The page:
When you finally receive the call you have been waiting for from a potential agent, you might want to sign immediately. Many writers have to wait a long time for that call, but you might want to slow down a bit. As much as excitement might take over your logical mind, you have to make sure that it is a right fit. At this time, you don’t even know if the agent is right for you. We give agents too much of power over our work. If you believe in your own writing, you might want to take back that power.
A lot of work goes into a novel for example. Are you just going to give it to an agent you don’t connect with? You had to proofread and paraphrase online to make sure this book is just right. Now it’s time to make sure that you sign with an agent who understands what you are trying to achieve. Here are some questions you need to ask to make sure you get the right agent.
Agents make a pretty decent amount of money from successful writers. You need to ask about the fees structure so that you are sure what you’re in for. There are of course agents out there who are looking at their own pockets first and this question should give you a clear idea of who you’re dealing with. Make sure that you do some research beforehand. Once you and your agent agree on the fees, you have reached a good place.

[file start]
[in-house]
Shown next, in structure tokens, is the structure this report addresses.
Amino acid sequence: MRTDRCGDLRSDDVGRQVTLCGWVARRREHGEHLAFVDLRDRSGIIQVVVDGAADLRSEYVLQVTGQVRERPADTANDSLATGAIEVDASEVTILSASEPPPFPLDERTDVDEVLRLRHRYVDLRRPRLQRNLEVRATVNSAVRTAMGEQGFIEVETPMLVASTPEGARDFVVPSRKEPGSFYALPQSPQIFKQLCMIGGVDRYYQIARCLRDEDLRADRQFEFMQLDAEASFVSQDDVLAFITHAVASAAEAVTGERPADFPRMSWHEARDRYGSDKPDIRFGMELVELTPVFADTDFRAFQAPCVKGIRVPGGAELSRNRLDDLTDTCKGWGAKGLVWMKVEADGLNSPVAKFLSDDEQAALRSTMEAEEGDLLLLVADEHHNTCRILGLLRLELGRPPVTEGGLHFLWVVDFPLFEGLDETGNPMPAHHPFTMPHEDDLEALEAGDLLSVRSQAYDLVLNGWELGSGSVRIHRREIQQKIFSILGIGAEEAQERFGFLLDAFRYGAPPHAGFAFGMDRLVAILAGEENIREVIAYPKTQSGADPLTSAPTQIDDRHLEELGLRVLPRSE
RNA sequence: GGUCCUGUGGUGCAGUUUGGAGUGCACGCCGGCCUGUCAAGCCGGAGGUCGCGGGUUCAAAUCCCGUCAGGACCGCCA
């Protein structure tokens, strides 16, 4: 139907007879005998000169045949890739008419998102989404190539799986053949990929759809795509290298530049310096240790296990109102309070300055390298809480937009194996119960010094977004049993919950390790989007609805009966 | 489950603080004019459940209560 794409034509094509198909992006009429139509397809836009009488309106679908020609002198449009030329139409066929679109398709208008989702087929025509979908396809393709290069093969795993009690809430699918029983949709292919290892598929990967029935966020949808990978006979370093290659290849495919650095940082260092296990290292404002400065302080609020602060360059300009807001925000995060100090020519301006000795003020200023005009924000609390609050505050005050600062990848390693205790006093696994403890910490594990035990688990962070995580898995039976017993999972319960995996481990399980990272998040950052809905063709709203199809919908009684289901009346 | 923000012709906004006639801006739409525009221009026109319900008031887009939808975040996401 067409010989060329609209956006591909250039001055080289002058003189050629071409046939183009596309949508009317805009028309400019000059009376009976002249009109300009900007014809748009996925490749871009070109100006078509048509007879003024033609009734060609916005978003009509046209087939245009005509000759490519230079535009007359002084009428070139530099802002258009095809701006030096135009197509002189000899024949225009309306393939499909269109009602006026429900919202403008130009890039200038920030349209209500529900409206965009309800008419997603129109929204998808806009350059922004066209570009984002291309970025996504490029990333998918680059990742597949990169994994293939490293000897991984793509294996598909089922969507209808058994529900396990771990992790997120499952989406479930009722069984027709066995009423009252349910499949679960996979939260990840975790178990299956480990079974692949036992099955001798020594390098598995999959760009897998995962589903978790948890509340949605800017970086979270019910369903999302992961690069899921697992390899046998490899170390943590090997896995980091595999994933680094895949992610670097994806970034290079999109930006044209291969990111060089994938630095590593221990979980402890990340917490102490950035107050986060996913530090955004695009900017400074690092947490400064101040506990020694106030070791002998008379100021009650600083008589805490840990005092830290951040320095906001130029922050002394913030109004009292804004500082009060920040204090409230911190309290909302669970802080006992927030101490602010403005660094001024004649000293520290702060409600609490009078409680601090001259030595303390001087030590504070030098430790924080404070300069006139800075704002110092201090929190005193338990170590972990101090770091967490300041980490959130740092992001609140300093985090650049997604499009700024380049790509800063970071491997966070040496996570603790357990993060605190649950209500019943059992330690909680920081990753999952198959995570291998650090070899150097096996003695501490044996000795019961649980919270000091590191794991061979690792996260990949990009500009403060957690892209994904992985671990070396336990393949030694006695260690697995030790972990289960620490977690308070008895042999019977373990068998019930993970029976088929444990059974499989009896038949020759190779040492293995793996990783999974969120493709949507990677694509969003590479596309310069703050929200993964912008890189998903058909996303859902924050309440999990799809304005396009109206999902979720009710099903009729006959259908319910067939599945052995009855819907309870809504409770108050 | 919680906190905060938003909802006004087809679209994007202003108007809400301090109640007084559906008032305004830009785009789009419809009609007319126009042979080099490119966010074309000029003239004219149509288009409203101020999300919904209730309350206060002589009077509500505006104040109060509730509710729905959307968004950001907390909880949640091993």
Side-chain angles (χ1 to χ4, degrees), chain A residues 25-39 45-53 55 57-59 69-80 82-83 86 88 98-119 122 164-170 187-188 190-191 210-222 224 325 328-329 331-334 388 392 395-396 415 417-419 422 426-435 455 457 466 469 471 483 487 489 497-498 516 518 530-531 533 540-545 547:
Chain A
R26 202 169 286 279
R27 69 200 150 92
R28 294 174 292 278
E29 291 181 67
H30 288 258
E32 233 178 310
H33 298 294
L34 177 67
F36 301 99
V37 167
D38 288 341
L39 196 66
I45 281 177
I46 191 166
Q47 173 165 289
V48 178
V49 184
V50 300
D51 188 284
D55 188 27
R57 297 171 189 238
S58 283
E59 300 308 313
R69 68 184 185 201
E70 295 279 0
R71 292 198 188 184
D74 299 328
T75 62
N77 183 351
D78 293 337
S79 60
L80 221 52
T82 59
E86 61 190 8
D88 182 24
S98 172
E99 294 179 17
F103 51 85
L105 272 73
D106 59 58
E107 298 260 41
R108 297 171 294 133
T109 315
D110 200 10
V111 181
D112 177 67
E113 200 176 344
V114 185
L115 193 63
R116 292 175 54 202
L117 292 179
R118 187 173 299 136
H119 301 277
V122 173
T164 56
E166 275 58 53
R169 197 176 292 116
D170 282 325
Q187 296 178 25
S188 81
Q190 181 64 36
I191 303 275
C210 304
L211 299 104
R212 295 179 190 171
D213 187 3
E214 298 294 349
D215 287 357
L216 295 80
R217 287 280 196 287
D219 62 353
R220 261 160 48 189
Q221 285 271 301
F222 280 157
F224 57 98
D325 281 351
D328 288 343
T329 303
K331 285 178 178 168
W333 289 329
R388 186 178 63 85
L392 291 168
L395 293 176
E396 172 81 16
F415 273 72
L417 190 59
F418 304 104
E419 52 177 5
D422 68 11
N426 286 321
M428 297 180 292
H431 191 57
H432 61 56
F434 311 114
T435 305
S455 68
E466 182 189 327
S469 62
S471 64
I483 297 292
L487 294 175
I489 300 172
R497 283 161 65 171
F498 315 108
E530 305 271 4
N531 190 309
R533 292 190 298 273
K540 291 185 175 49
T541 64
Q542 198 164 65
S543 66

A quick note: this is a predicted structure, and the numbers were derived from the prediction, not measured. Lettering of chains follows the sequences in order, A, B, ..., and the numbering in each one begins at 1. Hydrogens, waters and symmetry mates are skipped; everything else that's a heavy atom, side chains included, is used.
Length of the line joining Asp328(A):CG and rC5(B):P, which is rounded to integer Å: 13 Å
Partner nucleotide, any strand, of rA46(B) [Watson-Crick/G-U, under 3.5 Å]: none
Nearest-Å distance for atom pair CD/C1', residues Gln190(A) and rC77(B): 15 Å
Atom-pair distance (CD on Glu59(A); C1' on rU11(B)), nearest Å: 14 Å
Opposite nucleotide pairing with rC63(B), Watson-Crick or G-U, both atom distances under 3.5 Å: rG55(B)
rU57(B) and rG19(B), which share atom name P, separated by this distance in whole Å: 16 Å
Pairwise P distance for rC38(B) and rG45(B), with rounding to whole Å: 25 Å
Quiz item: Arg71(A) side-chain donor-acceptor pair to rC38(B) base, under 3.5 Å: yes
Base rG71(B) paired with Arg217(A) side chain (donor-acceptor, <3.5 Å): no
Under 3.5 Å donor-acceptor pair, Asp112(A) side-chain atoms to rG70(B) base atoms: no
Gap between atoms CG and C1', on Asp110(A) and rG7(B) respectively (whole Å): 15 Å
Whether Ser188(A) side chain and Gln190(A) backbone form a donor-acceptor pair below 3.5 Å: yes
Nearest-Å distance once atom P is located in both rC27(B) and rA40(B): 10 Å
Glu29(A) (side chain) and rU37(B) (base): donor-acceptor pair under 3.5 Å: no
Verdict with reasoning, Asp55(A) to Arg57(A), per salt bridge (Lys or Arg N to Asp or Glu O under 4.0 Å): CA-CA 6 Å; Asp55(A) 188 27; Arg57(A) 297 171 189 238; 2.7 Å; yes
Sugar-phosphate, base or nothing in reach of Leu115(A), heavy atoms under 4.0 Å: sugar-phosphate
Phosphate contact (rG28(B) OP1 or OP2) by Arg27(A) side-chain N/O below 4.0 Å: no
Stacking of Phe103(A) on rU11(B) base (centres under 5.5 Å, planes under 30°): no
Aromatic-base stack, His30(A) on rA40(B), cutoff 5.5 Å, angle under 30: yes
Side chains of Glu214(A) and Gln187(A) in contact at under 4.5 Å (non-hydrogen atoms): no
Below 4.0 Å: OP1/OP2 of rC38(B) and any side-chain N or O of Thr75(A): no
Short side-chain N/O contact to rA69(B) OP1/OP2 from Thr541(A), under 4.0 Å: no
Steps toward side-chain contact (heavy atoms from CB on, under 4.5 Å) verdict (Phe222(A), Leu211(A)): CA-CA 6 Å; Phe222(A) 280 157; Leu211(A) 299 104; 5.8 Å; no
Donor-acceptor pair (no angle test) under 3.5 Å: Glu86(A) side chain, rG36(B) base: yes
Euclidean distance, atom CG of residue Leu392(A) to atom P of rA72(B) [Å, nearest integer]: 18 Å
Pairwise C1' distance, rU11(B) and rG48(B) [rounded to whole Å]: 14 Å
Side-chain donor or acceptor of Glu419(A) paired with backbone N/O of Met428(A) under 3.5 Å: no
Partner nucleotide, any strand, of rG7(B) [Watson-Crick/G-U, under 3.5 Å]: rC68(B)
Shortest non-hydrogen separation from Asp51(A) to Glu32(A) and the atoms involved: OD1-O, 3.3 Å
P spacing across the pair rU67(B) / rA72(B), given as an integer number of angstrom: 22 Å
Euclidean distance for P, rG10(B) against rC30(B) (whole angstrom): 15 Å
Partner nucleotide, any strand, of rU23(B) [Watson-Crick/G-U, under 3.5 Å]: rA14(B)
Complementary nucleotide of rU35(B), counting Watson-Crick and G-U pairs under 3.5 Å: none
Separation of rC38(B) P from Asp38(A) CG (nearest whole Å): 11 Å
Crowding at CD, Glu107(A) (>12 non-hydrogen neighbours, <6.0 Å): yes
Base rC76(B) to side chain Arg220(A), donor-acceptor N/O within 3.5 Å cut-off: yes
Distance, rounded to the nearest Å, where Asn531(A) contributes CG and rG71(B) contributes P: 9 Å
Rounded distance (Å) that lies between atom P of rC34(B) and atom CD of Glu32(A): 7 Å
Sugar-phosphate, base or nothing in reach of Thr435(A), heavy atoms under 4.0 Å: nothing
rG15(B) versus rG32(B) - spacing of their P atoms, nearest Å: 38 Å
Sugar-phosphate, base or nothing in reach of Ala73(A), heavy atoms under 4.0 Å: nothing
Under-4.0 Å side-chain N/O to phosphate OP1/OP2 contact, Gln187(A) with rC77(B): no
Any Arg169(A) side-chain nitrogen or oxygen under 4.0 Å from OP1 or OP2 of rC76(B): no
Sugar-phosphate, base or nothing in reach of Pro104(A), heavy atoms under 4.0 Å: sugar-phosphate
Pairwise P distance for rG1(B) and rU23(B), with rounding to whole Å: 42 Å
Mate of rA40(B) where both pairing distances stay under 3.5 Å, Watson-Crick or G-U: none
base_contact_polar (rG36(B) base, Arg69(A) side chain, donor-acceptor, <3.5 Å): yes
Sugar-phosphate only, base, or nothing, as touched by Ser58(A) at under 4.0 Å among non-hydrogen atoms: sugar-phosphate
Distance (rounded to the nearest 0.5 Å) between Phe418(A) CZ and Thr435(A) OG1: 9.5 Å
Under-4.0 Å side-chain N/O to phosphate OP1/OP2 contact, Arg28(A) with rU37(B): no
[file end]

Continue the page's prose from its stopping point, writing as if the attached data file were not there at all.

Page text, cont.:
You want to sign with an agent who has had some success in the industry. There is nothing wrong with flipping the coin and asking the agent about the success ratio. It’s senseless signing with someone who does not seem to be doing a good job with the current writers. Ask about the plagiarism stats the agent had to deal with. This just shows if the agent is thorough and will do so with your own work.
Many writers miss this one, but it might be the most important question. What happens if you want to end the relationship with your agent? If the agent does not sell your book, what options are available to you? The agent should provide you with a clear contract that states all these facts. Even though verbal agreements stand up in court, I would advise you to get a written contract with all the terms and conditions.
When your book hits the shelves, you want to make sure that it is free of any language errors. How many revisions will the agent do, or will the agent do any? If the agent does not go through any revisions, you need to find an editor who will. This is going to be extra costs to you as the writer. Nothing is ever assumed and everything must be discussed. If it means you have to find paraphrasing software academic writing, then you need to know that from the start. The good news is that most agents have processes in place to help with revisions.
Like mentioned before, nothing should ever be assumed. You may think that your agent is going to answer every call you make when you have a great idea. The agent might not be that available to you. Ask about this so that you have a clear understanding of when to contact and how to contact the agent. Does the agent prefer calls or emails? You want this relationship to work, so details like these are very important.
This should not seem daunting to you at all. It is a great feeling when an agent gets back to you, but you also want to make sure that it is the right agent. Asking the right questions allows you to be on the same page. Do not ask these questions to an agent who did not show any interest in your work. This is merely for those agents who want to represent you. DO not think that by asking these questions that you are grilling the agent. It is perfectly appropriate and might show the agent that you are a professional.